2

I'm new to Linux, just installed Linux Mint for the first time. I have two hard drives which were previously in a RAID configuration. Now before I have installed Linux I've changed them to individual drives.

  • I've changed BIOS setting to AHCI
  • I've switched off the J Micron RAID controller
  • I've changed drive signatures under Windows 7

They are properly detected and working in Windows 7, but in Linux even though they're visible in “Devices” as two individual drives the system is unable to mount them. GParted still displays:

/dev/mapper/isw_ccjafbfdhc_RAID_Volume0 with all space unallocated.

When I display information for an individual disk it says:

The device /dev/sdc1 doesn't exist
Unable to read the contents of this file system!
Because of this some operations may be unavailable.
The cause might be a missing software package.
The following list of software packages is required for ntfs file system 
    support:  ntfsprogs / ntfs-3g.

What should I do in order to access these drives in Linux? Please point me in the right direction.

UPDATE

After booting to Windows again, the two HDDs had again the same signature, and unfortunately the same file structure i.e. files were overwritten with files from the second hard drive. Fortunately I had them backed up.

closed as off-topic by Jeff Schaller, Stephen Rauch, Philippos, GAD3R, Archemar Sep 12 '17 at 13:27

This question appears to be off-topic. The users who voted to close gave this specific reason:

  • "Questions describing a problem that can't be reproduced and seemingly went away on its own (or went away when a typo was fixed) are off-topic as they are unlikely to help future readers." – Jeff Schaller, Stephen Rauch, Philippos, GAD3R, Archemar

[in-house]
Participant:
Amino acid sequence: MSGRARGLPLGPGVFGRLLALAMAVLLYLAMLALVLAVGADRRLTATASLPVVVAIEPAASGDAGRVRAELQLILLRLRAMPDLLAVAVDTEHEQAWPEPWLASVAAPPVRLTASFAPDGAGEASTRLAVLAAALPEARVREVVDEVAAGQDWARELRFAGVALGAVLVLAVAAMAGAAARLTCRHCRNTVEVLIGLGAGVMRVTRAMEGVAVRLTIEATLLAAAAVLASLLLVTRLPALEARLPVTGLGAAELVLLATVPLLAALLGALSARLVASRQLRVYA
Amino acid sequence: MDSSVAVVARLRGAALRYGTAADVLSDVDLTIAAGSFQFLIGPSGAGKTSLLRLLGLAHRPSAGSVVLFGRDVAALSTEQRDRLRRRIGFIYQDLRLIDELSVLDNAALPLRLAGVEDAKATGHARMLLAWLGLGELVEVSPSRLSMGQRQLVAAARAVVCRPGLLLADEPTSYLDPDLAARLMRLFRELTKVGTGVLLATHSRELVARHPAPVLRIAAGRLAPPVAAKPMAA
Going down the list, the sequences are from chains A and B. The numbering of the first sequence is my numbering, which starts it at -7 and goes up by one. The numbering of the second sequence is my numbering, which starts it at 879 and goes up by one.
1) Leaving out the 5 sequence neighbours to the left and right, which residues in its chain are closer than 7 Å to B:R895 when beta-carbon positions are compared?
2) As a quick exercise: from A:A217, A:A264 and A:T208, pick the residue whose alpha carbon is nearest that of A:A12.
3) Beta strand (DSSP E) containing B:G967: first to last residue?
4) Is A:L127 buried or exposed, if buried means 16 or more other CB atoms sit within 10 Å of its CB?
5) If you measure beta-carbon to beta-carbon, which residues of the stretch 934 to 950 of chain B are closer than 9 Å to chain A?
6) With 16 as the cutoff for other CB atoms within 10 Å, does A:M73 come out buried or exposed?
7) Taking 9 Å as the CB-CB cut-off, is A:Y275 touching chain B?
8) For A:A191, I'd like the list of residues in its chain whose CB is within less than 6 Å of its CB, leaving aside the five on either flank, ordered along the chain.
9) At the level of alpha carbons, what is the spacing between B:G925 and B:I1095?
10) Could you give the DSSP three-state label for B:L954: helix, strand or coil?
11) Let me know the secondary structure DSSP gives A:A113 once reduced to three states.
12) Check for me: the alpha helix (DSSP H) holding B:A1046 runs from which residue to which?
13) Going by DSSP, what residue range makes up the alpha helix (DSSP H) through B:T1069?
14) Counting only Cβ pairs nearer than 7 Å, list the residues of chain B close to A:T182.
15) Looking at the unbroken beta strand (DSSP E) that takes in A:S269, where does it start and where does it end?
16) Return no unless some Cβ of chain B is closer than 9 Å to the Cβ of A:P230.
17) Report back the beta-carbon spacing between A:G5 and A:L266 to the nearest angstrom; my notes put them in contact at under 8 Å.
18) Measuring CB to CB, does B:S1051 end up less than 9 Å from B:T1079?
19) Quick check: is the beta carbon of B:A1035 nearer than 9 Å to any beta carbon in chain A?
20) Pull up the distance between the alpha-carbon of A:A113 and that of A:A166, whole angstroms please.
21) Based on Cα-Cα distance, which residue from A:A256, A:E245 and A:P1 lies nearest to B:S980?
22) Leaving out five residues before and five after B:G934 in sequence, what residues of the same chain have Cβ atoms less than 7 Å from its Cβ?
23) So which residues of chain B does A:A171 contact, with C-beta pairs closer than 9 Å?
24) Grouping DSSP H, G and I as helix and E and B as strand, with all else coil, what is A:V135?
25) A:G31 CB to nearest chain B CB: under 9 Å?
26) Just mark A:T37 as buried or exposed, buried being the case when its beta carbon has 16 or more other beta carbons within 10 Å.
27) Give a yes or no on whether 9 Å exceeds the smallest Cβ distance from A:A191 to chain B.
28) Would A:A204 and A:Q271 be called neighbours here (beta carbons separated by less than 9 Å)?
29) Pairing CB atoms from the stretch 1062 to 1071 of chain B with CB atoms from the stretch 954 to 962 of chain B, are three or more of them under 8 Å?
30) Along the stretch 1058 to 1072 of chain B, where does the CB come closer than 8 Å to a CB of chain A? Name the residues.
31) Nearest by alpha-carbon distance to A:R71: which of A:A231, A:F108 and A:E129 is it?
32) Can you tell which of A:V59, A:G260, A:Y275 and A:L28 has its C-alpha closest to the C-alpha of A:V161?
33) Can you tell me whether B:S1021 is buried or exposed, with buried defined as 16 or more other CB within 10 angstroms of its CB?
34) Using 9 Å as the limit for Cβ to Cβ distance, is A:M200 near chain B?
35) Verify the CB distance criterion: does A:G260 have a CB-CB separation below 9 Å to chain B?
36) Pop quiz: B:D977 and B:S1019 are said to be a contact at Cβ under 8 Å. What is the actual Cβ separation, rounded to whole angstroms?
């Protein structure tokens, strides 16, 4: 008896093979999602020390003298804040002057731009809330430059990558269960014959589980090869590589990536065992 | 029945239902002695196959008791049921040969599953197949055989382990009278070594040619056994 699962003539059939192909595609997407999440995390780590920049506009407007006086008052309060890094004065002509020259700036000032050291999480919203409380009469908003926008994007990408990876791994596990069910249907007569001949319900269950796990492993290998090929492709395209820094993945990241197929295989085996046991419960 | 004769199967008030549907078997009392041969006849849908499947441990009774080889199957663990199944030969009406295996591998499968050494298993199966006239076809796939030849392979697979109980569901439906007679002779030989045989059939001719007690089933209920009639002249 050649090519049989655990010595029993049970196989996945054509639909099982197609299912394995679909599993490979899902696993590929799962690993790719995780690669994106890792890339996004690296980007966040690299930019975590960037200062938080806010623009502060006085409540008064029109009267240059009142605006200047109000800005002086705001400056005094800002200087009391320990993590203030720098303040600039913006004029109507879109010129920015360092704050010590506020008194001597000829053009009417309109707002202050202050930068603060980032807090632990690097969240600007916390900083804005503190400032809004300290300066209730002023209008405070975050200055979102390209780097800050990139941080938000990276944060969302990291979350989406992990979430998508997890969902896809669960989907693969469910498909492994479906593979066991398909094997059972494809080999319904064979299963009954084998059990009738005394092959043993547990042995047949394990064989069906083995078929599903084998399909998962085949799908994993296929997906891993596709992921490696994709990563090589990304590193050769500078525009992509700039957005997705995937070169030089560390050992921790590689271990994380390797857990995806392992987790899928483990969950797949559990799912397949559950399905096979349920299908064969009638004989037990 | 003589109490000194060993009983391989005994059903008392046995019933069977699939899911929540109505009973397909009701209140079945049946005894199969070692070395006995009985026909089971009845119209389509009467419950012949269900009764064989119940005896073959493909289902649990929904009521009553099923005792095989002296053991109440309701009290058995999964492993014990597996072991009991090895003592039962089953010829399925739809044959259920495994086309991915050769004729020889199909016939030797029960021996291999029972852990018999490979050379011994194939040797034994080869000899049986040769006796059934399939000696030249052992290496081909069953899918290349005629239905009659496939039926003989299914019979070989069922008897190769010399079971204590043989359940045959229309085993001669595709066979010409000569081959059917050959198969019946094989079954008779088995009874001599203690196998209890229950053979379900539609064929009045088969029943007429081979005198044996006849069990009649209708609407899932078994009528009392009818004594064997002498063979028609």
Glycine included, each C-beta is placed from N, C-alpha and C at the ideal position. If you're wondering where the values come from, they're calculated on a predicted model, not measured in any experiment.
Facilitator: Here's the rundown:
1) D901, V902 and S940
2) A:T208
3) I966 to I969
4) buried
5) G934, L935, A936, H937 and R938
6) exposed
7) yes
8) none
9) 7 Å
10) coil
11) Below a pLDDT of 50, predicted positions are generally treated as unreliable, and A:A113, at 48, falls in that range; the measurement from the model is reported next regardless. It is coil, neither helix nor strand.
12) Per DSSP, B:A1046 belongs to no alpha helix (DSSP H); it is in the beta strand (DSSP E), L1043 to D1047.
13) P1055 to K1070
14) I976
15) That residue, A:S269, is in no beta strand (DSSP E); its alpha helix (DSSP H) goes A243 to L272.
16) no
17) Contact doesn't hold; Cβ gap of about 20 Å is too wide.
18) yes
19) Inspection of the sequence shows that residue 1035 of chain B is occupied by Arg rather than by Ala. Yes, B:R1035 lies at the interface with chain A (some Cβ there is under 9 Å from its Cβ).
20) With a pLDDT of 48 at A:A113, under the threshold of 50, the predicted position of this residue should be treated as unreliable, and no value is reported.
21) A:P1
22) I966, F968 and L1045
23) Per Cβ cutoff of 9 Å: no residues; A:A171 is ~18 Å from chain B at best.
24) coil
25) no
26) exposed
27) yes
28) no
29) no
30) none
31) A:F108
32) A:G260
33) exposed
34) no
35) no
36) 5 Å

If this question can be reworded to fit the rules in the help center, please edit the question.

  • It looks like the disks are formatted with NTFS. What does the output of sudo sfdisk -l and provide the output in your Q so we can assist further. – slm Jun 28 '14 at 16:39
  • @slm will do it soon as I recover all the files and then be able to switch to linux. – Dimt Jun 28 '14 at 16:41
1

Have solved the problem. By examining the disks I've found out that disks had individual windows disk signatures which allowed them to work properly in windows environment. However Linux had still seen them as RAID configuration.

What I had to do is to switch back on the RAID controller and remove the drives from RAID configuration at BIOS level. Before I did that I was trying to change the signature using wxHexEditor which resulted that the RAID controller was detecting them as not RAID members, however the MBR became corrupted.

Not the answer you're looking for? Browse other questions tagged or ask your own question.